October 19, 2022
1:30 pm / 3:00 pm
TITLE: Impact of CAR T-Cell Expansion in the First 28 Days on Clinical Outcomes
TIME: 1:30–3:00 PM
LOCATION: Conference Room X303, Medical School Office Building, 1265 Welch Road, Stanford, CA
Mark P. Hamilton (1)
Matt Frank (1,2)
David Miklos (1,2)
- Center for Cancer Cell Therapy, Stanford Cancer Institute
- Blood & Marrow Transplantation-Cell Therapy
The Data Studio Workshop brings together a biomedical investigator with a group of experts for an in-depth session to solicit advice about statistical and study design issues that arise while planning or conducting a research project. This week, the investigator(s) will discuss the following project with the group.
Chimeric antigen receptor (CAR) T-cell therapy is a new therapy that is increasingly used as second- and third-line treatment of relapsed and refractory aggressive and indolent lymphoma. CAR T-cells expand rapidly in vivo in the first 14 days post-infusion and then retract. Persistent CAR T-cells can be detected for up to 10 years post-treatment. There is limited preliminary data indicating CAR T-cell expansion is associated with increased CAR-related toxicity such as cytokine release syndrome (CRS) and immune-effector-cell-associated neurotoxicity syndrome (ICANS). Similarly, there is limited data indicating CAR expansion may be associated with survival response.
HYPOTHESIS & AIM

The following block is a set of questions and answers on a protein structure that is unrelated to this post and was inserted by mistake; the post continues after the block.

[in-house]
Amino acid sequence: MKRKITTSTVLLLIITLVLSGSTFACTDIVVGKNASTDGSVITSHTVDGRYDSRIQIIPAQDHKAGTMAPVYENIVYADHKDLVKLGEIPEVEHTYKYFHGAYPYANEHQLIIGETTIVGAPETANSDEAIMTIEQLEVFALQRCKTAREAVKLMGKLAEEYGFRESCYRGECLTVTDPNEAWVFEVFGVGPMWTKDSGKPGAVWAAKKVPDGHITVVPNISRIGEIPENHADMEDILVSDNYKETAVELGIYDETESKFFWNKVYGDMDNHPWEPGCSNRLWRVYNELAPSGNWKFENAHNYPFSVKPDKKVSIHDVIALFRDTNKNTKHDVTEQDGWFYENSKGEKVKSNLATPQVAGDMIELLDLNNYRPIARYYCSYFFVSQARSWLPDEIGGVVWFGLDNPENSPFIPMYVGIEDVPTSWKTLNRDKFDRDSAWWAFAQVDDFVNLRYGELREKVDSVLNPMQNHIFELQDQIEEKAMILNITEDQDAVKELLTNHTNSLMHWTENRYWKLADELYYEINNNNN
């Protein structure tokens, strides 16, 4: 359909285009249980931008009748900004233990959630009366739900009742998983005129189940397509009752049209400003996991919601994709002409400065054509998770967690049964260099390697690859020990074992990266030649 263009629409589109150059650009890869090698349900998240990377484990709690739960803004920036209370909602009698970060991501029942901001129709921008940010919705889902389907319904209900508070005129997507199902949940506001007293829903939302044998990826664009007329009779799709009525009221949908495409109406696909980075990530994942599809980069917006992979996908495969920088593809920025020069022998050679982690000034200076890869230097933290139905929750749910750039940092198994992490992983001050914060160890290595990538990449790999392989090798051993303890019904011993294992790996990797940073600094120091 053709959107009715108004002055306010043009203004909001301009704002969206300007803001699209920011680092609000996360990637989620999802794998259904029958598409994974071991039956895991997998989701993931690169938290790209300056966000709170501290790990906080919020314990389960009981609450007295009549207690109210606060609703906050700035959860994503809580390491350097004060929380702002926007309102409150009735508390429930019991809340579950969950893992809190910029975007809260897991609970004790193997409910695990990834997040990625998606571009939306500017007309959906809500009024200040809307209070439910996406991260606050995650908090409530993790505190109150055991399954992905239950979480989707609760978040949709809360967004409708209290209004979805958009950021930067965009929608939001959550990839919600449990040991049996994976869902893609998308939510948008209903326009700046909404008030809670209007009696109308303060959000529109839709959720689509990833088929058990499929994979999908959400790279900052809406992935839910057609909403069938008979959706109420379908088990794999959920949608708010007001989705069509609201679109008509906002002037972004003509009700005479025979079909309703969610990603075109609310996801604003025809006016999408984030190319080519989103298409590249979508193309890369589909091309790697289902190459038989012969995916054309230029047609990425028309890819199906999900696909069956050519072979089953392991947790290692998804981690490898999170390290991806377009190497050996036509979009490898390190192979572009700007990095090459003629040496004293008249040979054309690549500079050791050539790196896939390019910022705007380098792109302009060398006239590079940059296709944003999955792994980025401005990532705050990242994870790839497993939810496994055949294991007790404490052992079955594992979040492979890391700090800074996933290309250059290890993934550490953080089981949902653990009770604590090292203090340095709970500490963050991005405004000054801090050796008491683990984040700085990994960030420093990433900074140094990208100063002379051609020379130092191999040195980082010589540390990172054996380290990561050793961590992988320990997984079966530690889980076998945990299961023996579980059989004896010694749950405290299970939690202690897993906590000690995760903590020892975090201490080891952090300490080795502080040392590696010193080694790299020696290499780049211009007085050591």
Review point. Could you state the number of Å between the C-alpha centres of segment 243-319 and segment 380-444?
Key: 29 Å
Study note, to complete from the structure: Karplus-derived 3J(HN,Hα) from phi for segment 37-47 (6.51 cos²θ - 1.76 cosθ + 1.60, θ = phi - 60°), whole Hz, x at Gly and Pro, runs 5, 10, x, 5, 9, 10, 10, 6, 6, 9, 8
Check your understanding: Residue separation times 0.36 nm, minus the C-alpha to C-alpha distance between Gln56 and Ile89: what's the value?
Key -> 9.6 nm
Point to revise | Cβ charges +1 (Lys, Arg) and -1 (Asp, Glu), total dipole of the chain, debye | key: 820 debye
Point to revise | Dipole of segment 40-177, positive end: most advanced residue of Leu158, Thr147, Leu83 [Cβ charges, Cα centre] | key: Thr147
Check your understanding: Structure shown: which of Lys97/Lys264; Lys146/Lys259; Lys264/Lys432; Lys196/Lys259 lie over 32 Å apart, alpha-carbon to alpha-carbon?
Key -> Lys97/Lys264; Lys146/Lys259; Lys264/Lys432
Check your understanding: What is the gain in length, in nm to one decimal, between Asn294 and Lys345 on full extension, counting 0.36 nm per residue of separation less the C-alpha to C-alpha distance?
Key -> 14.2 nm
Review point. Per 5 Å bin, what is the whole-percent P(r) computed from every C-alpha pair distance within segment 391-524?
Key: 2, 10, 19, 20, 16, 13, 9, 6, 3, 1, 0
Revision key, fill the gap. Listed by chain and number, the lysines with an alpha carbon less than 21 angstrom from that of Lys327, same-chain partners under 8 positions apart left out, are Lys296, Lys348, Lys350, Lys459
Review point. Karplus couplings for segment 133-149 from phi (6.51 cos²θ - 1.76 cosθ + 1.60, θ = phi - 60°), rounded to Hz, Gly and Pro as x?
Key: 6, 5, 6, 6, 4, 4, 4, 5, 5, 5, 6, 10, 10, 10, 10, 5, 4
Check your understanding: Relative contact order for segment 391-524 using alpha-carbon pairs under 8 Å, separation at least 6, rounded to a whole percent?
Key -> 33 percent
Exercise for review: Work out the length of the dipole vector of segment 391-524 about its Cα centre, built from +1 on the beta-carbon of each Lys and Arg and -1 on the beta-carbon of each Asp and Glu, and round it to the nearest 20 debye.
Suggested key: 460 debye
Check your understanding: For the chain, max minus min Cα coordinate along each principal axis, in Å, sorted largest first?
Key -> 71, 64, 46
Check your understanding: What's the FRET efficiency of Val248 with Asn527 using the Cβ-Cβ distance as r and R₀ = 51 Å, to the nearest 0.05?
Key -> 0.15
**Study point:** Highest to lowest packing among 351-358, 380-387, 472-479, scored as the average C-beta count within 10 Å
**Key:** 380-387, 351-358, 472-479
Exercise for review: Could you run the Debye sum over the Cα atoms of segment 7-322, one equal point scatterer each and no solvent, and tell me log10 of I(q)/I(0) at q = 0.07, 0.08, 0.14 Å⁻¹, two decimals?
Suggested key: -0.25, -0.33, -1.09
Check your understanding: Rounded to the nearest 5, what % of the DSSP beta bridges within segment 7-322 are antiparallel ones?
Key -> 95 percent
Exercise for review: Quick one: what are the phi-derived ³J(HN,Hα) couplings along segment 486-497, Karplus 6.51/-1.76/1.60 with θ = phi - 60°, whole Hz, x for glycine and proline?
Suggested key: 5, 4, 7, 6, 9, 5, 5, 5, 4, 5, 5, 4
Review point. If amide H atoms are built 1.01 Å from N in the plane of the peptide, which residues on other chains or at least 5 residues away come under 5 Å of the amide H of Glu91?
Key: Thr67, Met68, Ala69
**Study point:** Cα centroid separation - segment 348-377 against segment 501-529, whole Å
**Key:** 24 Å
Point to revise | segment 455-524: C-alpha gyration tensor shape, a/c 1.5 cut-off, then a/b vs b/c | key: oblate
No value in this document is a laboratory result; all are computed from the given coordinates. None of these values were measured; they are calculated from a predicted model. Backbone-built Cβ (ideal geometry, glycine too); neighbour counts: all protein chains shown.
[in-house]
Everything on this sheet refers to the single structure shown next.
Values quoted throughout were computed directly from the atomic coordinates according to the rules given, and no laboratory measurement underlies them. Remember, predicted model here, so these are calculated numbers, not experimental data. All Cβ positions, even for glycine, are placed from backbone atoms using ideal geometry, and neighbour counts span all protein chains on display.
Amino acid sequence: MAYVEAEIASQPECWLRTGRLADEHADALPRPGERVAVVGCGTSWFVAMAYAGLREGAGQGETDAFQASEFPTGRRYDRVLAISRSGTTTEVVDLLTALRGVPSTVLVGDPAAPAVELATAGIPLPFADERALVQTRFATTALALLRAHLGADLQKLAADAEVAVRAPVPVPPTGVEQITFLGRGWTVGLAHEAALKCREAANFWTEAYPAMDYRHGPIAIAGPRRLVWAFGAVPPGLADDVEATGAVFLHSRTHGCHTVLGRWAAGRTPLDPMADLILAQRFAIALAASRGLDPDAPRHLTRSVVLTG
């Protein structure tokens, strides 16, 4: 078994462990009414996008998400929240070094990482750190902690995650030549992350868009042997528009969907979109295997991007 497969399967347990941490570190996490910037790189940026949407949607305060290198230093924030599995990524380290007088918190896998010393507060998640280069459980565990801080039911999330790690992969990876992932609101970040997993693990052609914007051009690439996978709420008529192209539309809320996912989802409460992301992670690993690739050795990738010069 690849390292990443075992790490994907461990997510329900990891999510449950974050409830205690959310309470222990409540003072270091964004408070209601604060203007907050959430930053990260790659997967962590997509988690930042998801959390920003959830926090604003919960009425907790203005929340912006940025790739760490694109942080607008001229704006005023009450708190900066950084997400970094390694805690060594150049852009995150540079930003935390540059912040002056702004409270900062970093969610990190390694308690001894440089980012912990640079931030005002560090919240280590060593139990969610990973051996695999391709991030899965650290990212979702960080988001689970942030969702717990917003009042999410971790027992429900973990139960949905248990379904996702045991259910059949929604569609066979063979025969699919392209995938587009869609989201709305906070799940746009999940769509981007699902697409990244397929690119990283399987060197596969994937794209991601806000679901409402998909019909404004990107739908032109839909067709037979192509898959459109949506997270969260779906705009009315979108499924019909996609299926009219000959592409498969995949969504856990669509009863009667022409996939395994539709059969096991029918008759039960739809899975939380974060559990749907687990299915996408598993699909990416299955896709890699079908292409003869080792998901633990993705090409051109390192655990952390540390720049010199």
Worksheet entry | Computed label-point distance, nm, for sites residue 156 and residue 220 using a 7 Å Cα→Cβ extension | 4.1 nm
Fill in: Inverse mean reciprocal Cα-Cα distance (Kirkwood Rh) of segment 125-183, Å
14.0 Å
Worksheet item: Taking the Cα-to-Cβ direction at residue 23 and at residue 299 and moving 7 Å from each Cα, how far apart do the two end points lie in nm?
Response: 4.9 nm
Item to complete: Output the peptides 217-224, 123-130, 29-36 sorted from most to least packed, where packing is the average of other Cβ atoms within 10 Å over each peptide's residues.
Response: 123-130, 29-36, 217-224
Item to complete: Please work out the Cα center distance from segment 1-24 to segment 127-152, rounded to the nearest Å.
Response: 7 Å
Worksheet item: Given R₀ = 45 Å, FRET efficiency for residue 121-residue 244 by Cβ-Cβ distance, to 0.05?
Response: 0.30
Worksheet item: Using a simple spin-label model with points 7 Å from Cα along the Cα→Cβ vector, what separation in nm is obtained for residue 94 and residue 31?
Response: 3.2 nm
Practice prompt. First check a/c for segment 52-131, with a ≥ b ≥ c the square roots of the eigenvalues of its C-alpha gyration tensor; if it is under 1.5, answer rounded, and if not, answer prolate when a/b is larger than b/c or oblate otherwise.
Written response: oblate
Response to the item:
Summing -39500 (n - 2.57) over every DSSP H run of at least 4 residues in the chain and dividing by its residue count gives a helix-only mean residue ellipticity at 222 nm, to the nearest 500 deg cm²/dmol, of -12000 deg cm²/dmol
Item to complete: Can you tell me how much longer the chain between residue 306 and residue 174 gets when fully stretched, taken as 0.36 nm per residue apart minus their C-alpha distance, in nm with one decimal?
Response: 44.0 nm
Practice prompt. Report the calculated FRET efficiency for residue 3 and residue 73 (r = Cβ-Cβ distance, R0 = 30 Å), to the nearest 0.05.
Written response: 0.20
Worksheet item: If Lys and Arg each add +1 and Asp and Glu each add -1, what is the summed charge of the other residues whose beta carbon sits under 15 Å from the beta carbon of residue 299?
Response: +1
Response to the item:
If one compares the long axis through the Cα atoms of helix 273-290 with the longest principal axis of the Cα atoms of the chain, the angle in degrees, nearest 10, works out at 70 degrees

Assessment of clinical outcomes associated with CAR T-cell expansion will represent a major advance in understanding clinical CAR T-cell function. We hypothesize that CAR T-cell expansion is associated with clinical endpoints of toxicity and survival response. The first purpose of this project is to understand the impact of CAR T-cell expansion on toxicity and survival outcomes that include: maximal CRS, maximal ICANS, duration of post-treatment neutropenia, and progression free survival.
This study is the largest analysis of clinical CAR T-cell expansion data using commercial products to date. We followed 230 patients treated with axicabtagene ciloleucel (axi-cel) or brexucabtagene autoleucel (brexu-cel) over five years, including 189 patients treated for large B-cell lymphoma (LBCL), 20 patients treated for follicular lymphoma (FL) and 21 patients treated for mantle cell lymphoma (MCL). We used flow cytometric phenotyping of CAR T-cells (CAR-FACS) to define CAR T-cell expansion in blood in the majority of patients. CAR-FACS was performed on days 7 (D7), 14 (D14), 21 (D21), and 28 (D28). At least two CAR expansion measurements were available for 140 LBCL patients, 20 FL patients and 18 MCL patients for a total of 640 measurements. Numerous pre- and post-treatment parameters are assessed for each patient including both categorical and continuous variables. A limited number of variables are shared and interpretable between the LBCL, MCL, and FL histologies.
We hope to build two models of survival after CAR in our LBCL patient population where mature survival data exists (at least six months of follow up). First, we would like to leverage the dataset to perform an unbiased analysis of factors associated with CAR T-cell outcomes. Second, we would like to focus on CAR T-cell expansion metrics on D7 and D14 as a possible early indicator of CAR T-cell expansion failure. This is clinically relevant because CAR patients with poor early expansion and worse expected outcomes could receive second infusions, or move on to an allogeneic CAR T-cell therapy.
- What is the best method to assess the impact of CAR T-cell expansion on endpoints of CAR T-cell toxicity?
- How should we perform assessment of clinical outcomes associated with progression free survival in a large cohort of CAR T-cell patients using training and validation datasets?
- Can CAR T-cell expansion on D7 and D14 be incorporated with other clinical parameters to predict poor outcomes associated with expansion failure?